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The emergency medicine (EM) physician workforce is largely composed of white men. Despite recruitment efforts over the past decade, there has not been a significant increase of trainees with underrepresented racial and ethnic identities in EM (URM). Prior studies have focused on institutional strategies to improve diversity, equity, and inclusion (DEI) in EM residency recruitment but have been limited in describing URM trainees’ perspectives. We sought to assess URM trainees’ perspectives on DEI in the EM residency application and selection process.
This study was conducted at an urban academic medical center in the United States from November 2021 to March 2022. Junior residents were invited to participate in individual semistructured interviews. We used a combined deductive–inductive approach to categorize responses in predetermined areas of interest then elicit dominant themes within each category through consensus discussions. Thematic saturation was reached after eight interviews, indicating adequate sample size.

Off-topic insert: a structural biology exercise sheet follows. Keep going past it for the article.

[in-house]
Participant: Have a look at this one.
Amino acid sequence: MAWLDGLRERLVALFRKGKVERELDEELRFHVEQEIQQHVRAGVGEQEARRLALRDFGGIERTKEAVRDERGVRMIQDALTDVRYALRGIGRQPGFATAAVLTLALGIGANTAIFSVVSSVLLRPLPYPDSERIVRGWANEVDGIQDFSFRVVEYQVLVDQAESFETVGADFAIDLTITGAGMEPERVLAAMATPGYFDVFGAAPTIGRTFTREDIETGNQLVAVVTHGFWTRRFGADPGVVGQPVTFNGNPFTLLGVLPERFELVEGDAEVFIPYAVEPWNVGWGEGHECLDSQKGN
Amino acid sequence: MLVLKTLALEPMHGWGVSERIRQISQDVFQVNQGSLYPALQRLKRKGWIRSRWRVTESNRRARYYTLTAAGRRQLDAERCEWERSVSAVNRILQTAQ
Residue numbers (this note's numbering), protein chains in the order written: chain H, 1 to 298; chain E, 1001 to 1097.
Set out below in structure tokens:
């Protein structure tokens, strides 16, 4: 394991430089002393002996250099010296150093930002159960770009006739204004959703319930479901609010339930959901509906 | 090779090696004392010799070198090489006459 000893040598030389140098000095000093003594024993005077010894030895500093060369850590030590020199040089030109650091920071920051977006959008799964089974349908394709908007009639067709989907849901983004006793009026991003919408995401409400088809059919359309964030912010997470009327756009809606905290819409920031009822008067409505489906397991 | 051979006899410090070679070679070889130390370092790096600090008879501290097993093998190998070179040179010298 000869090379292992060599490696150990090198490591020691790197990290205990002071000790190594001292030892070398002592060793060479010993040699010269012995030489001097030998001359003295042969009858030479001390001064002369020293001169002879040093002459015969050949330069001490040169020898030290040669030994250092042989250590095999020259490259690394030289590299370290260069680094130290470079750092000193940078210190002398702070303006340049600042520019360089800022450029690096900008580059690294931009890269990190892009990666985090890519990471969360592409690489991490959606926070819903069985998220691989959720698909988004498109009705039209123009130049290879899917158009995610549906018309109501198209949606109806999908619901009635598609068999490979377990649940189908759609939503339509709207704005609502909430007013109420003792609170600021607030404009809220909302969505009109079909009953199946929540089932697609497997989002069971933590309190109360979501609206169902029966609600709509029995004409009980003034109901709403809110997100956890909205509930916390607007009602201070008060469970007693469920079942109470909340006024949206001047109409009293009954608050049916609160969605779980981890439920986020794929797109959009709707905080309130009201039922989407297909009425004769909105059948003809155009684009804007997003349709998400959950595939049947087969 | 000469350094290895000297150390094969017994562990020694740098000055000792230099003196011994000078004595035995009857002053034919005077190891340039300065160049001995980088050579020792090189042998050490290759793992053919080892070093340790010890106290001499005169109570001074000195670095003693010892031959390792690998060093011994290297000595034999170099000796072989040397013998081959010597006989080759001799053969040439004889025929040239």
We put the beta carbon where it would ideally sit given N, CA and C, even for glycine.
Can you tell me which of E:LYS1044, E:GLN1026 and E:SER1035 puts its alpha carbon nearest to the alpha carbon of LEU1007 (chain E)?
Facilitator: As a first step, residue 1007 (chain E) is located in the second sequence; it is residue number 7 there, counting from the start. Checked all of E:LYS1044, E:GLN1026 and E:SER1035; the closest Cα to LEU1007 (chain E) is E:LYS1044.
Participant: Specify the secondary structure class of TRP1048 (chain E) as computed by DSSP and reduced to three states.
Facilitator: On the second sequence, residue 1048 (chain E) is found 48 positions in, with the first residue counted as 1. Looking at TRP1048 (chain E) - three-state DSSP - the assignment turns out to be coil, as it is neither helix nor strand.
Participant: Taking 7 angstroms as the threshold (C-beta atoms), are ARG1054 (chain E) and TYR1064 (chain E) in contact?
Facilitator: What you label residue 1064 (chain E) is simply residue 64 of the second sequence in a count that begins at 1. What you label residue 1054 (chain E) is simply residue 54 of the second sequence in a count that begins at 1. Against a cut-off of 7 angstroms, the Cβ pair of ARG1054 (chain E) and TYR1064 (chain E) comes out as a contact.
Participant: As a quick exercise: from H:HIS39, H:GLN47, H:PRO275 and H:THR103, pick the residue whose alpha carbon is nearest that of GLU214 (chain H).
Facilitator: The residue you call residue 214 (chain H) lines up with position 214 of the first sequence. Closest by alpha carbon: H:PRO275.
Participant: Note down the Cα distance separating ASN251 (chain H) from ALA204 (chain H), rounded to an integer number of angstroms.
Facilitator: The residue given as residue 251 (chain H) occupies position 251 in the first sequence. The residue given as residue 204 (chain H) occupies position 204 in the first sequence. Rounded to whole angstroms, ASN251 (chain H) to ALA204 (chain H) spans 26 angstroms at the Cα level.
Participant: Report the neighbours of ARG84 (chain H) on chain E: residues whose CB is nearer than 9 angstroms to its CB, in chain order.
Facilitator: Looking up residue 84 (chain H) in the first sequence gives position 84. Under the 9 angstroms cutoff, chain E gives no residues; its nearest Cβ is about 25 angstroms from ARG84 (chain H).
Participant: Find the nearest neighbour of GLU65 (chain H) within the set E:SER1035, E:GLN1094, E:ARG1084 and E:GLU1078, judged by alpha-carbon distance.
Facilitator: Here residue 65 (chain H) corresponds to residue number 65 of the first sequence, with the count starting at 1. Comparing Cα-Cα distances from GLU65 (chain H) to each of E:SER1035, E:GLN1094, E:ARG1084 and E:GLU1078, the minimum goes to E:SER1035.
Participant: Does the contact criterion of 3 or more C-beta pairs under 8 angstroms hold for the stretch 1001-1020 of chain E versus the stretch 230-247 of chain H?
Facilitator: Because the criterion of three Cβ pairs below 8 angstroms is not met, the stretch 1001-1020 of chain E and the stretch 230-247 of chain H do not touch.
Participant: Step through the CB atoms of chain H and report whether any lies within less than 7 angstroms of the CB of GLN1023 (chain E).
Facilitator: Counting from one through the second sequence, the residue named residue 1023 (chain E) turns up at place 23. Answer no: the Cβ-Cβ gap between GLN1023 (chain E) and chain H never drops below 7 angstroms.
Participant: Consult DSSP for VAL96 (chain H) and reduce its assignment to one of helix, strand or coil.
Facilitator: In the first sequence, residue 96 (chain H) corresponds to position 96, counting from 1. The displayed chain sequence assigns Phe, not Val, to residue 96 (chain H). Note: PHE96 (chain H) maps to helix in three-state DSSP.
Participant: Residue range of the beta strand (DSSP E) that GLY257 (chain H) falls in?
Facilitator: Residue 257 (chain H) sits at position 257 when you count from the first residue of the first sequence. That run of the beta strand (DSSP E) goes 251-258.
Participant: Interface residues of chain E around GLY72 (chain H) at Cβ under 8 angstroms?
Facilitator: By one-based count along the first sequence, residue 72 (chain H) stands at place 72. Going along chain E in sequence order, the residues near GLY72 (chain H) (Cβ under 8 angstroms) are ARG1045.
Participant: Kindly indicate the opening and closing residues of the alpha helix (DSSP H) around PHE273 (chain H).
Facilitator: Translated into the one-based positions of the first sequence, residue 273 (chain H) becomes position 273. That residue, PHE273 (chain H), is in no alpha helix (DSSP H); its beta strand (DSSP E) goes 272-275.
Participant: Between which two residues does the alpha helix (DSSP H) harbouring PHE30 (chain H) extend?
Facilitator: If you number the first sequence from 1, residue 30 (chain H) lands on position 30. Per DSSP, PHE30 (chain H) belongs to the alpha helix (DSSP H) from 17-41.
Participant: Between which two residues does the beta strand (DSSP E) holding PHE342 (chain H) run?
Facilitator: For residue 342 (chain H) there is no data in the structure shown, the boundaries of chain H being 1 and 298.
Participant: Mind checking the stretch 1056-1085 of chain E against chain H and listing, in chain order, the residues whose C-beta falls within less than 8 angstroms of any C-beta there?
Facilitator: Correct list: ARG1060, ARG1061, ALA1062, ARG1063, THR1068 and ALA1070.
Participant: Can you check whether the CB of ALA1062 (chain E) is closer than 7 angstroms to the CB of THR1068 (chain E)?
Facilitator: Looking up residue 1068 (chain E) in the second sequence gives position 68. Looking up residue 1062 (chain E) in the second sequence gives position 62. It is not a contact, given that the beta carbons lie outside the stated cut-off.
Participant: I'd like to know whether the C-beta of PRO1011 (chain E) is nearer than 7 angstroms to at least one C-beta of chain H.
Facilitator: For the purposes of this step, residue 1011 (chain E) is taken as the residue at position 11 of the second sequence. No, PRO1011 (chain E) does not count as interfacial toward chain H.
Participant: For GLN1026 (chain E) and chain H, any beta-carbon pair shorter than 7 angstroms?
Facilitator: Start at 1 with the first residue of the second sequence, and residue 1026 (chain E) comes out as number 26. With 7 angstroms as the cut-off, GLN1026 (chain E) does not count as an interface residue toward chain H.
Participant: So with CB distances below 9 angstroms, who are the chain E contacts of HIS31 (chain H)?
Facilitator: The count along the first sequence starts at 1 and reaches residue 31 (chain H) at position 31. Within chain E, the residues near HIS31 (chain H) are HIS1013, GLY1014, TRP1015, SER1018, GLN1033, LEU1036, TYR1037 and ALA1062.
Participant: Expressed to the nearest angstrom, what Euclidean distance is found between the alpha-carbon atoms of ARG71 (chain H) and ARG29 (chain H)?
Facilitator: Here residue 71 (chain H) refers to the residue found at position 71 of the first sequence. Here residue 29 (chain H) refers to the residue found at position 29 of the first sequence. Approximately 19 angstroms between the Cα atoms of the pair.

Ten residents participated in semistructured interviews. All identified as racial or ethnic minorities. Three dominant themes emerged relating to authenticity, representation, and being treated as a learner first. Participants assessed the authenticity of a program's DEI efforts by evaluating the time frame and scope of DEI efforts. Participants reported a desire for representation of other URM colleagues in a residency program and training environment. While participants wanted their lived experience as URM trainees acknowledged, they were wary of being viewed solely through the lens of future DEI leaders rather than as learners first.
URM residents value multifaceted commitment to DEI efforts, representation, and being seen as learners first when assessing residency programs. Programs seeking to recruit URM residents should develop a department-wide, multipronged, comprehensive DEI plan and showcase how their program will contribute to an applicant's professional development.
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